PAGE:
TUF holds mixed emotions for Ricci

Mike Ricci tried to tone it down, although "The Ultimate Fighter" finalist seemed to know his rep had already been established early in the taping of the FX reality series.

Mike Ricci tried to tone it down, although the "Ultimate Fighter" finalist seemed to know his rep had already been established early in the taping of the FX reality series.

"It took a couple days to get used to the cameras," Ricci told FOXSports.com. "I was waking up and making sure I dressed well and brushed my hair. It's normal. Anybody is going to want to look good on camera. I got a lot of flak for the way I dressed. People were saying, 'Oh, look. He thinks he's so cool.'"

Ricci eventually settled into a routine where he didn't take so much time on his appearance before training, not that any of his preening should obscure what was accomplished inside the Octagon. Two of Ricci's four victories were knockouts as he made his way to Saturday's TUF finale (9 p.m. ET on FX) where he will face Colton Smith.

Ricci said on a conference call earlier this week that even though he worked his way to the end, that doesn't mean he liked TUF.

"I have been vocal about me not enjoying the situation there," he said. "And I really didn't and I stand by that comment. I didn't enjoy it one bit."

Smith told FOXSports.com that he didn't like Ricci's act much either. Smith, however, built up his own baggage in his first fight as he faked a glove touch at the start of his bout against Jesse Barrett for a takedown; Smith won via a decision.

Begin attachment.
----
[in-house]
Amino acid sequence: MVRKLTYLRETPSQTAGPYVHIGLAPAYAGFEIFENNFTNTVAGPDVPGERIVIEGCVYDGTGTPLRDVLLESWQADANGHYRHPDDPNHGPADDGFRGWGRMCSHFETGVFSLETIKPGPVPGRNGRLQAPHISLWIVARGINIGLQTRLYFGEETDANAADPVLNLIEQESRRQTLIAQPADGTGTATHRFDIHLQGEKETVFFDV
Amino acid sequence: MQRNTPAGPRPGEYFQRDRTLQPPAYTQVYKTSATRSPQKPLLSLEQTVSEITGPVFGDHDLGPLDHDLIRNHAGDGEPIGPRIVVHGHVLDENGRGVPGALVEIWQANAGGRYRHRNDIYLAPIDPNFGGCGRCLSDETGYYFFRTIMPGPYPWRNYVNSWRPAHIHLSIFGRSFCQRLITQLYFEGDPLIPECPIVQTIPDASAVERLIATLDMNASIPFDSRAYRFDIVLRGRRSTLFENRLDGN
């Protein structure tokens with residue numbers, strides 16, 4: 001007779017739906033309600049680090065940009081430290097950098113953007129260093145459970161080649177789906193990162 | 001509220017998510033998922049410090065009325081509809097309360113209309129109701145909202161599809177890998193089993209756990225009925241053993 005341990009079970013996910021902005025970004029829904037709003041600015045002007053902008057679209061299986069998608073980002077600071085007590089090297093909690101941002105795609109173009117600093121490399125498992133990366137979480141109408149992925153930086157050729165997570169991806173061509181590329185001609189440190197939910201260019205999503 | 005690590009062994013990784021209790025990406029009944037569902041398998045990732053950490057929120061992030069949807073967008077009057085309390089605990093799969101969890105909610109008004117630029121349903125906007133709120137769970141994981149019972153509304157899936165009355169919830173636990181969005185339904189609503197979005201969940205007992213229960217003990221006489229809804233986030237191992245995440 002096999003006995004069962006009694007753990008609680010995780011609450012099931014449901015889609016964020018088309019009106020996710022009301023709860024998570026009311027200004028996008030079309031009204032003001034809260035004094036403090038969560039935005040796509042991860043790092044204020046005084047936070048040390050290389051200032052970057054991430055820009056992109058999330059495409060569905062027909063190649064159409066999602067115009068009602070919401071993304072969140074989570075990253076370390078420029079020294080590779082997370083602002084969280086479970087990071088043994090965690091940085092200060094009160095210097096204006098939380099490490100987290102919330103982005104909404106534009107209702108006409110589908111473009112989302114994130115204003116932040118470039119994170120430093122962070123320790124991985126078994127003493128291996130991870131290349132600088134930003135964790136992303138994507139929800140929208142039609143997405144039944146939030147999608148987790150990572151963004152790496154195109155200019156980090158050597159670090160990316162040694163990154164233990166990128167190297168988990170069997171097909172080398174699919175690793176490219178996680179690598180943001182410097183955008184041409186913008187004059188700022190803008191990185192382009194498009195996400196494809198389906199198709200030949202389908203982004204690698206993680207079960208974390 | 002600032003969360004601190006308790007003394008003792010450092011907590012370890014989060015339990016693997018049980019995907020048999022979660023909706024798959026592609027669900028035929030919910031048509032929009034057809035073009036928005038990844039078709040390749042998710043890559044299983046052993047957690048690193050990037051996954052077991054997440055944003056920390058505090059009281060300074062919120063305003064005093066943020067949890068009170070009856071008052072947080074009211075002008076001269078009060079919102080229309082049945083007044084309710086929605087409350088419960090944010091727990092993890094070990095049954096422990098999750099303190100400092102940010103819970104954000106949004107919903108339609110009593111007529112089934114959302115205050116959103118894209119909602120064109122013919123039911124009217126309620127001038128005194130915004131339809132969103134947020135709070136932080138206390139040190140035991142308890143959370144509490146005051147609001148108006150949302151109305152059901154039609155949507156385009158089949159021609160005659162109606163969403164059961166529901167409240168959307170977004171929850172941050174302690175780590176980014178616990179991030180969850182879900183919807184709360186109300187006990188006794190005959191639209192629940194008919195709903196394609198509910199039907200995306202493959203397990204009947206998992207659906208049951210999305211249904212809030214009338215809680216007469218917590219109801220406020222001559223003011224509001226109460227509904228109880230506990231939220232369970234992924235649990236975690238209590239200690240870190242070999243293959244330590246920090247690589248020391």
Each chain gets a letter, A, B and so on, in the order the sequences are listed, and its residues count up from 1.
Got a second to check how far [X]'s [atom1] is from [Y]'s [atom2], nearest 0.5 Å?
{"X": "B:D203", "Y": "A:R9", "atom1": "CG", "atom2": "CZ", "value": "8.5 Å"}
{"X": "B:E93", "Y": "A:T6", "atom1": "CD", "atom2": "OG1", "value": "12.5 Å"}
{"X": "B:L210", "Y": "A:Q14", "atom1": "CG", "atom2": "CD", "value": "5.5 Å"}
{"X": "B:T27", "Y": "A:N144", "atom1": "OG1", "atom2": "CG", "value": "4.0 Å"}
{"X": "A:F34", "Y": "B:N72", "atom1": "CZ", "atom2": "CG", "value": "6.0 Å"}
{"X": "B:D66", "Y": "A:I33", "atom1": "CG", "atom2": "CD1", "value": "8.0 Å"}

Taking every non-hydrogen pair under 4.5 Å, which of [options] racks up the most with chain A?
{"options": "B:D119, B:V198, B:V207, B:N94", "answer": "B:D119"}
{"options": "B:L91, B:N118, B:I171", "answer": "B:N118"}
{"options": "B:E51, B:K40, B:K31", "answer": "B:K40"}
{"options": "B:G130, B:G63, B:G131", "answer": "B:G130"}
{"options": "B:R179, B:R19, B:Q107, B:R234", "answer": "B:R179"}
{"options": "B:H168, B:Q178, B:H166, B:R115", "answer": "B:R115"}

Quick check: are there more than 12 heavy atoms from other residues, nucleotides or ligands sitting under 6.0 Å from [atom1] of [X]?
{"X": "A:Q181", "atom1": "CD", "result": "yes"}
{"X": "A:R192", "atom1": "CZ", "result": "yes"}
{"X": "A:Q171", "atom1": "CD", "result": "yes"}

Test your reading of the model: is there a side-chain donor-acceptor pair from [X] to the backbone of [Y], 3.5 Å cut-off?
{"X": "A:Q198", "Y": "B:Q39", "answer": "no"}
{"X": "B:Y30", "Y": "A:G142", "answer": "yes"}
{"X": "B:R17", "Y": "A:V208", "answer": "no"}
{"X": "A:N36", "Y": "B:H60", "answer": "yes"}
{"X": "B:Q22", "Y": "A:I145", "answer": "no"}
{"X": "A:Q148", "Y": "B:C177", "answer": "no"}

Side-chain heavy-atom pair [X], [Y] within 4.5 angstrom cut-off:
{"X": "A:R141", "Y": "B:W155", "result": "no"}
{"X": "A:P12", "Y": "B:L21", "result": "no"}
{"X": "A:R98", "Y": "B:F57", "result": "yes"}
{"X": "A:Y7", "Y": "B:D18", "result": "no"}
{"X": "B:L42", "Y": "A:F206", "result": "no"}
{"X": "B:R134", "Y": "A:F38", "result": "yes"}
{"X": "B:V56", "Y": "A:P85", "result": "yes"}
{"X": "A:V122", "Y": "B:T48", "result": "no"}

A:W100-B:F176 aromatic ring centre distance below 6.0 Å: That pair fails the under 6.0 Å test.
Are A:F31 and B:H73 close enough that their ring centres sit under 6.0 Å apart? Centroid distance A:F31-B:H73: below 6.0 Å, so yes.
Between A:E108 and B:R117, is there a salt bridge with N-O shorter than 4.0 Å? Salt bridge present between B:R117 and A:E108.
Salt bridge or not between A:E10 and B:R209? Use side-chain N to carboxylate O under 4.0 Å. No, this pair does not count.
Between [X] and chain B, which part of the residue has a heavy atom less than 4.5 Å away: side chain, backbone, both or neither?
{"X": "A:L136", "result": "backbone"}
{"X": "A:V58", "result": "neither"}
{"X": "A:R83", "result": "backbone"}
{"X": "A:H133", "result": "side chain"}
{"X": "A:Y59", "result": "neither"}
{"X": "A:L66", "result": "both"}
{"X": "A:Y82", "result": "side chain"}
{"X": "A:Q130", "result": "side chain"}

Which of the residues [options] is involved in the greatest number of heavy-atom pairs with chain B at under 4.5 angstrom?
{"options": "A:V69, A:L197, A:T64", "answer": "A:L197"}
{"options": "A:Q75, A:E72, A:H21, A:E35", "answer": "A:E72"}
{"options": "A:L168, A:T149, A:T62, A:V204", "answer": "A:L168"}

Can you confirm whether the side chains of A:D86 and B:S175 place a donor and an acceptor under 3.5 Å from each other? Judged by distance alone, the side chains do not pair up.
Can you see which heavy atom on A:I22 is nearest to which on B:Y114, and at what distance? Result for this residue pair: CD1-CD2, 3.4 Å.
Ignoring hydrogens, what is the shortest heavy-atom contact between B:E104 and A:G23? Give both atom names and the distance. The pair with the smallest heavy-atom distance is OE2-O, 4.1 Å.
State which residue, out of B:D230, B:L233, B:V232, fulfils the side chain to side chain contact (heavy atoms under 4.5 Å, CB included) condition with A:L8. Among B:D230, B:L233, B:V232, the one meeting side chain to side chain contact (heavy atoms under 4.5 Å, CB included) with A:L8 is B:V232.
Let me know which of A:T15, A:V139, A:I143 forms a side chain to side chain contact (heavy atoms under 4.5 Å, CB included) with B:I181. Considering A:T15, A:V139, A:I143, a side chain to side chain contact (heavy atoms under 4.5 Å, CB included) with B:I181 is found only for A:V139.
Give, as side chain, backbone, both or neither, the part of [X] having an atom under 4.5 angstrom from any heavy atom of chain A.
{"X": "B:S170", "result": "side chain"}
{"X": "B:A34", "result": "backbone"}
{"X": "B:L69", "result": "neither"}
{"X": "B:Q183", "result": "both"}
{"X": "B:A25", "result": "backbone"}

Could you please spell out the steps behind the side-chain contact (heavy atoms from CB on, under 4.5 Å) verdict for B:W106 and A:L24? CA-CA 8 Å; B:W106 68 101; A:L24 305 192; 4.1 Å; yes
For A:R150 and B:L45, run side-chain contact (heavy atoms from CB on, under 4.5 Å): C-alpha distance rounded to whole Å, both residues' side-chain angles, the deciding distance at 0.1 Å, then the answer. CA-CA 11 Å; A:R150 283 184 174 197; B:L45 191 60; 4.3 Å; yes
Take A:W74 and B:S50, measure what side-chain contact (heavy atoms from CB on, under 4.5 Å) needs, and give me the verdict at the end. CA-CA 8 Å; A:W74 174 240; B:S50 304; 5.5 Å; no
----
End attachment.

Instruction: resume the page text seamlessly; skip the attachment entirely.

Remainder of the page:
"It wasn't malicious," Smith said. "It wasn't on purpose. My nerves were high. You know, first time fighting out of my element. It happened. I apologized. Obviously, it's wrong. . . . It's not who I am."

This match pits Smith, an Army Ranger, against Ricci, a more experienced fighter who trains alongside Georges St-Pierre and Rory MacDonald at Montreal's Tristar Gym. Some have compared Ricci to St-Pierre, which could explain, in part, why Ricci withdrew from the sport after his first career loss in April 2010.

"It was something I needed to do," said Ricci, who was knocked out by Pat Curran in a Bellator Fighting Championships bout. "I had to be alone with my thoughts. I had to reflect on what was happening. I think I carried the wrong things into the cage. It was big. It was my first lost. For a while, I didn't want to have any part of it."

Ricci, 26, returned the following April and entered TUF with a 7-2-2 record.

"Taking a year off is not a big deal for a lot of guys," Ricci said. "Some of the top guys in the sport only fight once a year. But I wasn't doing anything. It was a pretty bad time in my career to do it."

Now, he's a victory away from a guaranteed UFC contract — even if it's from a tournament he still has mixed feelings about.

"I always thought this competition could be kind of easy," Ricci said. "I really didn't know until I got there how tough it was. "The Ultimate Fighter" is nothing to do with fighting at all. It's really a very emotional, spiritual tournament. You are away from your home and whatnot. It makes and breaks a lot of guys. It's a show and fighting is only part of it."

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